Net neutrality: a phrase that’s been popping up in the news recently. What is this concept and why is it being voted on?

 

What Is It?

When you search the Internet today, you can click on any site that you choose. Whether you’re looking at Facebook, Hulu, or the website of a local business, you can access web pages equally. This is because net neutrality is currently in place; your Internet provider is not allowed to “favor” certain websites. Internet providers, such as Frontier, Spectrum, or AT&T, are required to load every type of web page at the same speed and same price.

The Federal Communications Commission, or the FCC, is the government agency that has a say in the regulation of the Internet. In 2008, a complaint was filed against Comcast for reducing the amount of bandwidth certain users could use for videos while allowing other users to have the original amount of bandwidth. This meant that some users viewed particular websites much slower than other users. The FCC ruled that Comcast had to stop this, which set a precedent of net neutrality: giving everyone equal speed for all kinds of websites.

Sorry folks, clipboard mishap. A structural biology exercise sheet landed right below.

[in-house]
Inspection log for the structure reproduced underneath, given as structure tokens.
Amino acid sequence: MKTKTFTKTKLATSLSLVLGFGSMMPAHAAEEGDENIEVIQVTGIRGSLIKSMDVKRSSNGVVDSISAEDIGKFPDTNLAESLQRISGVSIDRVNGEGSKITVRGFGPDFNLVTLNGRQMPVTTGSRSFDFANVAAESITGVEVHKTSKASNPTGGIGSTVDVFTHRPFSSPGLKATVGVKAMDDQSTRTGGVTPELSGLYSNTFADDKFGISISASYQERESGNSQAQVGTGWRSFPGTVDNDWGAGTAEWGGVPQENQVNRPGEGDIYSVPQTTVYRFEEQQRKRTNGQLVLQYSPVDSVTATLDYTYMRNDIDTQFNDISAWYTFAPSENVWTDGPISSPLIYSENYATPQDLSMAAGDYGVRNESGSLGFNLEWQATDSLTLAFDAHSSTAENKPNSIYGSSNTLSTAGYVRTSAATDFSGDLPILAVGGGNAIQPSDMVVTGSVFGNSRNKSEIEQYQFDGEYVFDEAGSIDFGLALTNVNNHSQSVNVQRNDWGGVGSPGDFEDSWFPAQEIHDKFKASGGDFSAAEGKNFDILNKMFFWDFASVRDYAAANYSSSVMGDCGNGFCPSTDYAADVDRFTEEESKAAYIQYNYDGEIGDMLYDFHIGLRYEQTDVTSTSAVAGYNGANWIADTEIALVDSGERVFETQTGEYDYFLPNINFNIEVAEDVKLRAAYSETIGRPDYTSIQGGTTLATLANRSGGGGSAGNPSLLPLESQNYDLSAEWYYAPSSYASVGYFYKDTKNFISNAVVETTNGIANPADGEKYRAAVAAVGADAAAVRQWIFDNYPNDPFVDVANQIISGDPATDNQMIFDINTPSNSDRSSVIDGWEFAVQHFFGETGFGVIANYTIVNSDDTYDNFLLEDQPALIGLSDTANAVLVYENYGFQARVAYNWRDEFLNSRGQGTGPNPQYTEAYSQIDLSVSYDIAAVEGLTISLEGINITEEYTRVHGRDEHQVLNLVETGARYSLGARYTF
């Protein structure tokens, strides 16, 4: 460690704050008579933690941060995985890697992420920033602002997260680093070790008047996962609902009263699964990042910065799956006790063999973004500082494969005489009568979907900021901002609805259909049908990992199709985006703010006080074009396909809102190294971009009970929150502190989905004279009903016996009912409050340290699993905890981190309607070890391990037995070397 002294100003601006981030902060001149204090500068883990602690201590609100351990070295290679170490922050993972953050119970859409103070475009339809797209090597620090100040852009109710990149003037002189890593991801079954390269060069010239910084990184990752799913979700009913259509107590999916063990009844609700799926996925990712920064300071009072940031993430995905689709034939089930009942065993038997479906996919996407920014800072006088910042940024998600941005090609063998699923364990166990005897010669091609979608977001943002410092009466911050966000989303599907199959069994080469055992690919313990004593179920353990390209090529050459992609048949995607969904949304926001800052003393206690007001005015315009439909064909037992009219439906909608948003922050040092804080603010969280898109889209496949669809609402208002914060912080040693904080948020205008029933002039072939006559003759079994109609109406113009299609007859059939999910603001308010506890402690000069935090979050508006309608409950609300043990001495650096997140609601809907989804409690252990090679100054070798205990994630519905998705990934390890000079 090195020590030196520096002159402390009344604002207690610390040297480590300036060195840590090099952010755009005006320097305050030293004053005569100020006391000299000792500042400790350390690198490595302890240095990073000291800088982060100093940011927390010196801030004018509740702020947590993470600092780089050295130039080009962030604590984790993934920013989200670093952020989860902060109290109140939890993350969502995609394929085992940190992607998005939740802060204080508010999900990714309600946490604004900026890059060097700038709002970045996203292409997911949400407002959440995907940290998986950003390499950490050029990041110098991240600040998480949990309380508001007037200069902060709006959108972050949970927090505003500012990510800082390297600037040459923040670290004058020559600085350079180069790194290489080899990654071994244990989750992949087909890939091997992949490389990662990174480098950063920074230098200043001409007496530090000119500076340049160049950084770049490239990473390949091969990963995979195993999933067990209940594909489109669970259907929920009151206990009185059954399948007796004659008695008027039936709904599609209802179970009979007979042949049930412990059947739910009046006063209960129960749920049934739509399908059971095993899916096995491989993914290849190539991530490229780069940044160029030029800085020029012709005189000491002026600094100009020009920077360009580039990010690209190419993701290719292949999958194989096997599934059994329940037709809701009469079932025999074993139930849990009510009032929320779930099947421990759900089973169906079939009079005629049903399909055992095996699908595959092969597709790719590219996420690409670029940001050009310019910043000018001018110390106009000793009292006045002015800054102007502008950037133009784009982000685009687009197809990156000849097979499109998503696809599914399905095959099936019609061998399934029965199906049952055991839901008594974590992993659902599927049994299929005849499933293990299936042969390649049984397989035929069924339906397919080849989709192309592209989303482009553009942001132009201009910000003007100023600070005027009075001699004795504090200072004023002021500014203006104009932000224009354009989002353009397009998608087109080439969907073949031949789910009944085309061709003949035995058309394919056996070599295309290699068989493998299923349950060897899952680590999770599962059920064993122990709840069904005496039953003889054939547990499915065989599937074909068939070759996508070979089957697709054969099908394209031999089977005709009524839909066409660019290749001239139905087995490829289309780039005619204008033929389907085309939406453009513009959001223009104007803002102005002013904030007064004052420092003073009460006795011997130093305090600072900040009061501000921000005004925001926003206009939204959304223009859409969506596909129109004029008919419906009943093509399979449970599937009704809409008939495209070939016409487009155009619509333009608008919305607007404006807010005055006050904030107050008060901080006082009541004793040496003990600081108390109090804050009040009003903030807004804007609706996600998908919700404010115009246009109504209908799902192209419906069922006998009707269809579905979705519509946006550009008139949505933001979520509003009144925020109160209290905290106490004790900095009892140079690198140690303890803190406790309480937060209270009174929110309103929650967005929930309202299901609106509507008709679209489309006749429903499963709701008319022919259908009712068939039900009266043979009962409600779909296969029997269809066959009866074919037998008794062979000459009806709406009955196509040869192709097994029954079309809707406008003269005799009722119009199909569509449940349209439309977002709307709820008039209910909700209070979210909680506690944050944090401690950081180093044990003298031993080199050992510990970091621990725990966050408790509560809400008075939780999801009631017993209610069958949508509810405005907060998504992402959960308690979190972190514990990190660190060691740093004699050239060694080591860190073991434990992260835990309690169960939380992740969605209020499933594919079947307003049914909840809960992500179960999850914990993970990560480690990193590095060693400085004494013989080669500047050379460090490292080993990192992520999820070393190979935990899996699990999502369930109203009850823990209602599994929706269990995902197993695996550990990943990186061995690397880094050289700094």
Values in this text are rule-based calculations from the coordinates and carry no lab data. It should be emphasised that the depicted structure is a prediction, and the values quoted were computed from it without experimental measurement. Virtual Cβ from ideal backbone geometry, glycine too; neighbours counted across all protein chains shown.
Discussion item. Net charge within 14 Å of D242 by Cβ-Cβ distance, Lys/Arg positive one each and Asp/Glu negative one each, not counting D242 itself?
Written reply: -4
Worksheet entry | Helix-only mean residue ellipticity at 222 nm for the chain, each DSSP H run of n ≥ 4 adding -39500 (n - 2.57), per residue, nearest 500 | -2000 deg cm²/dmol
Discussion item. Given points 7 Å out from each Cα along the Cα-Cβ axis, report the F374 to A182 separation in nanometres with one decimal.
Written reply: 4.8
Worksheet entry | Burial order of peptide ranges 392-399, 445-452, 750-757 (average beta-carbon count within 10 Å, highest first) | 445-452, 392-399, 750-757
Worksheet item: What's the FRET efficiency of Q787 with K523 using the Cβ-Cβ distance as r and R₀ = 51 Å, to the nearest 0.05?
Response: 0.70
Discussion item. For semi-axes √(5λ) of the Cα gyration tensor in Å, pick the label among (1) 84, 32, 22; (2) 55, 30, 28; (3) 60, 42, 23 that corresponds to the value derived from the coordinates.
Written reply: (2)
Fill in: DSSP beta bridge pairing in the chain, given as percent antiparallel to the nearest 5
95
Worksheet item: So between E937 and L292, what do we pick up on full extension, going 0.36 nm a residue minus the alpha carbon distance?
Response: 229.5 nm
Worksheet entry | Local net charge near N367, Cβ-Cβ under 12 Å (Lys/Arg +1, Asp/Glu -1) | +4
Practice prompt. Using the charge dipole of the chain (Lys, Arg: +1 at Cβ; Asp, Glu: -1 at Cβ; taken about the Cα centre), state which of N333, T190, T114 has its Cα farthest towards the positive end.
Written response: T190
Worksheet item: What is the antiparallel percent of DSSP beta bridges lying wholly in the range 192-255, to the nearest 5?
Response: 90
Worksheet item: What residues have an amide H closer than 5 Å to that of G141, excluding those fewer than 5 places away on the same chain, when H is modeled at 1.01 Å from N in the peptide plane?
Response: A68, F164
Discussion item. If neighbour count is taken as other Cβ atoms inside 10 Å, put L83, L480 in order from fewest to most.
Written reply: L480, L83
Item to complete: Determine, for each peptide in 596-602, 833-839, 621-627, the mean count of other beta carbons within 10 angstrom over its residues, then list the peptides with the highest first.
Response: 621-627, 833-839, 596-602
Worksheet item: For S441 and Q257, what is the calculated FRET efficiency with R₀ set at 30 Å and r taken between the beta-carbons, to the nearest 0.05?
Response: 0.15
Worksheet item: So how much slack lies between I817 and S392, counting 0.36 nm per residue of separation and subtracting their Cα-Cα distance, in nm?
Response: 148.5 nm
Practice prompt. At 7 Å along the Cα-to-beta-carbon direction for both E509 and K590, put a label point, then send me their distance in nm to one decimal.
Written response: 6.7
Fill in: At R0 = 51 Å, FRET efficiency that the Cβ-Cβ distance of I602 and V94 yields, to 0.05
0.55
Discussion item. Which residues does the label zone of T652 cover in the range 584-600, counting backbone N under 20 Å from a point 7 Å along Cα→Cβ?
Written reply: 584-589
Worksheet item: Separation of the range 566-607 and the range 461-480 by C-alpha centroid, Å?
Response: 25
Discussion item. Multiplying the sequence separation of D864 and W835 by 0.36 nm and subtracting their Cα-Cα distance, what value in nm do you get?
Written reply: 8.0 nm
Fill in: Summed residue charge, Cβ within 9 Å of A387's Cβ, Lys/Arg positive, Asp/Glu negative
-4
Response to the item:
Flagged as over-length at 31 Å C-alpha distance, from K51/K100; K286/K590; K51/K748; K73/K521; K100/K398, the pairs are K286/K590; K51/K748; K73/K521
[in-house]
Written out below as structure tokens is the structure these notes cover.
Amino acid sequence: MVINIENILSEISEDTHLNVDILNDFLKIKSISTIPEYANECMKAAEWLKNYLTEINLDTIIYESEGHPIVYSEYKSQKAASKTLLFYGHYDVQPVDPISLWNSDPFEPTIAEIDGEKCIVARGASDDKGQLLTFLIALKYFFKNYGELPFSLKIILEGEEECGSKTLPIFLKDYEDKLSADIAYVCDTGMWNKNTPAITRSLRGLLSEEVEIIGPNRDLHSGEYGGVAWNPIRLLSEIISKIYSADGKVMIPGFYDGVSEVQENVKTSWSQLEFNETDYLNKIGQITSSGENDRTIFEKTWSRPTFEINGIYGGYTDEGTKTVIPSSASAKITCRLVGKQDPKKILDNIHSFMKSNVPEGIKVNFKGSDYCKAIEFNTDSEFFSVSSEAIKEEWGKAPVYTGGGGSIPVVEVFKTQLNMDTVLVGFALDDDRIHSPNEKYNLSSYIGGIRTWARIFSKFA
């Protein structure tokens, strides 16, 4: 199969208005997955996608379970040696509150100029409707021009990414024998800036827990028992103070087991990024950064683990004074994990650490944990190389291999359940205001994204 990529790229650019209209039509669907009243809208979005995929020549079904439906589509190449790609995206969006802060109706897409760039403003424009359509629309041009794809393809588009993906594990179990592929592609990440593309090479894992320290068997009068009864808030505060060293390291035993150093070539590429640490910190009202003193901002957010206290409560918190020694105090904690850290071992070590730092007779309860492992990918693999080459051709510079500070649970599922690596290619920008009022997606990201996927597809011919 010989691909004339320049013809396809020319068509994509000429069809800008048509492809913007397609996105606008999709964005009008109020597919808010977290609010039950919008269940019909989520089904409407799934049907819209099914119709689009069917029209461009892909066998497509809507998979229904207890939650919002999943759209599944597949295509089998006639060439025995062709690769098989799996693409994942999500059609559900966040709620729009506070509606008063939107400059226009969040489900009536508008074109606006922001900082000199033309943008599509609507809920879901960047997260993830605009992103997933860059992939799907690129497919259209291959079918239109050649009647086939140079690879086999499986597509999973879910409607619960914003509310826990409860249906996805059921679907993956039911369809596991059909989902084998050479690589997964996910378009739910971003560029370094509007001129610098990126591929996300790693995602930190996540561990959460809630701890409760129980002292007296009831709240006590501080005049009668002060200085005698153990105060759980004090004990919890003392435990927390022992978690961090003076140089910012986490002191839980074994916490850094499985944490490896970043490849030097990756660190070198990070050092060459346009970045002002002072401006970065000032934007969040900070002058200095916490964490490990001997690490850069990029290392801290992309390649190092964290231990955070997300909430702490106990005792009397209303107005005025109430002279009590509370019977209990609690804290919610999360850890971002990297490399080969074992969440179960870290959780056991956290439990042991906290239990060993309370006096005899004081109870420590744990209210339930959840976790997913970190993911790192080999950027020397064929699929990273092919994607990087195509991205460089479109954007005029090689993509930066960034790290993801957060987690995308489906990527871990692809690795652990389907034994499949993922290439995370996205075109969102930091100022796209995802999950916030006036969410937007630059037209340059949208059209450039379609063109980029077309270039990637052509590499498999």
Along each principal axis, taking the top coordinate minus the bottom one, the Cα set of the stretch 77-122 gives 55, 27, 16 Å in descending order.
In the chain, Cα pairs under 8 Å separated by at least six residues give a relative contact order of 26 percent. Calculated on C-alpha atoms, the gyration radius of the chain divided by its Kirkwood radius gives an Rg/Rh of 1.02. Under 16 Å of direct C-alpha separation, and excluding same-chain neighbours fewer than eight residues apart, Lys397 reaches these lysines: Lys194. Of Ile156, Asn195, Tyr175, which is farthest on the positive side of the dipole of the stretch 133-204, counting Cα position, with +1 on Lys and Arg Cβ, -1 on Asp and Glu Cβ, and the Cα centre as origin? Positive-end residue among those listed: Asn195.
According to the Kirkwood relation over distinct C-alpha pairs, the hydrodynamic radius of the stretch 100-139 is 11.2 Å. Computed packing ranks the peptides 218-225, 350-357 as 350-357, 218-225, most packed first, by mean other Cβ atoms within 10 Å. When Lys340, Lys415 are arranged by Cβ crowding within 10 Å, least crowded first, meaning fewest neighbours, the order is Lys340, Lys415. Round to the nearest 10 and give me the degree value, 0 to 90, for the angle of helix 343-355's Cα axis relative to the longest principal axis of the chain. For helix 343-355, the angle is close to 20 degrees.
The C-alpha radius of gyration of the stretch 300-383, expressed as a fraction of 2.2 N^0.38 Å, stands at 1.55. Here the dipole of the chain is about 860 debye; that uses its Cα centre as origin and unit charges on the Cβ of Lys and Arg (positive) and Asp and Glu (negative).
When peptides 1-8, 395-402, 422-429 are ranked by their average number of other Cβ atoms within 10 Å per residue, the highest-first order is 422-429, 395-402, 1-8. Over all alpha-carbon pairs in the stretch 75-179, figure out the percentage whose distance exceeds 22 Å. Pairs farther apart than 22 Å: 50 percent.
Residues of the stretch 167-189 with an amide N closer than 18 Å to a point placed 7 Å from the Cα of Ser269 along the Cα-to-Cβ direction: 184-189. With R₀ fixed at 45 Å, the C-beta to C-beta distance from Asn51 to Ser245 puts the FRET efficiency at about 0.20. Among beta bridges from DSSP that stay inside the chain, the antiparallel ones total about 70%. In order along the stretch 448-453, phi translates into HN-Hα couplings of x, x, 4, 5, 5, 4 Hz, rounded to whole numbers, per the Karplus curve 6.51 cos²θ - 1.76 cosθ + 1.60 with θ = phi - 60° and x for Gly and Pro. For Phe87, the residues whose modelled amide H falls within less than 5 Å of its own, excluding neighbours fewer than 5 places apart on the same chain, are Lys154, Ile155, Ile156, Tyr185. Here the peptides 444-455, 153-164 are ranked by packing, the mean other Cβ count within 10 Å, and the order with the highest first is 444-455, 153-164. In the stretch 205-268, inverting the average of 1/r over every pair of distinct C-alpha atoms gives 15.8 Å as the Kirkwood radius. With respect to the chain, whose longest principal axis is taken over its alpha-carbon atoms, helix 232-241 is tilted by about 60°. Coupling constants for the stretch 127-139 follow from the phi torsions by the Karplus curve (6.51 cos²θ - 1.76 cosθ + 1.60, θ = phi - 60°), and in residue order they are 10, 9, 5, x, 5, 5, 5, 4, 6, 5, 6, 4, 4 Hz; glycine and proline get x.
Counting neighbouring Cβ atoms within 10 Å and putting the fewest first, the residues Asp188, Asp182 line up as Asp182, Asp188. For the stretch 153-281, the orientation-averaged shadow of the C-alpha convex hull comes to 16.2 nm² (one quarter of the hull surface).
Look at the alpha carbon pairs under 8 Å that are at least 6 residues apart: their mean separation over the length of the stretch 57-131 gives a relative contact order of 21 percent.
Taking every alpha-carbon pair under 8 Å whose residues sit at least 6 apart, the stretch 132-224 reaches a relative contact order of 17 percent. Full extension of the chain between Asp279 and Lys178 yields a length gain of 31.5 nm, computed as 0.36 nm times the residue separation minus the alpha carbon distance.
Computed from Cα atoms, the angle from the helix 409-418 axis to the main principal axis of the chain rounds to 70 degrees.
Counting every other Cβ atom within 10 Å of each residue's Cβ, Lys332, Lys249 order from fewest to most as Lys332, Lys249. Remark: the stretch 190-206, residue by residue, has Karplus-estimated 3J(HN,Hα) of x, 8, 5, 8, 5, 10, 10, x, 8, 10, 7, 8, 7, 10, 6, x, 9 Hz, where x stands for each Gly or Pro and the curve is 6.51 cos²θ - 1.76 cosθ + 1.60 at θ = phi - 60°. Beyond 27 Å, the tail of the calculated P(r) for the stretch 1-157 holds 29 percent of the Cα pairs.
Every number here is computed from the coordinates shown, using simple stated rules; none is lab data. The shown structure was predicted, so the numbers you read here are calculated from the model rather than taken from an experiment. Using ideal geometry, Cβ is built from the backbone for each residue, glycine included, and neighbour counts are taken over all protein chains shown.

In 2015, the FCC released rules to preserve the open Internet, or uphold net neutrality. It classified Internet provision as a service that the FCC is legally allowed to regulate and banned Internet providers from giving some content priority over other content.

 

The Vote

In December of 2017, the FCC voted to repeal net neutrality. On June 11th, the repeal officially passed; this means that net neutrality is no longer being upheld.

 

How Does this Affect Me?

It depends on your customers. Various customers will have various Internet providers, and Internet providers can now legally choose to slow down certain websites if they would like. If one provider chooses to slow down or charge extra money for access to video streaming site and your business is a video streaming site, then some of your customers will have to pay more or wait longer for access to your site. It is also possible that an Internet provider will make a deal with hosting companies to give priority to all websites that the company hosts. If this is the case, your website might be slowed down if it’s not hosted by that particular company.

Nobody is entirely sure what will happen next, so we’ll keep you updated!

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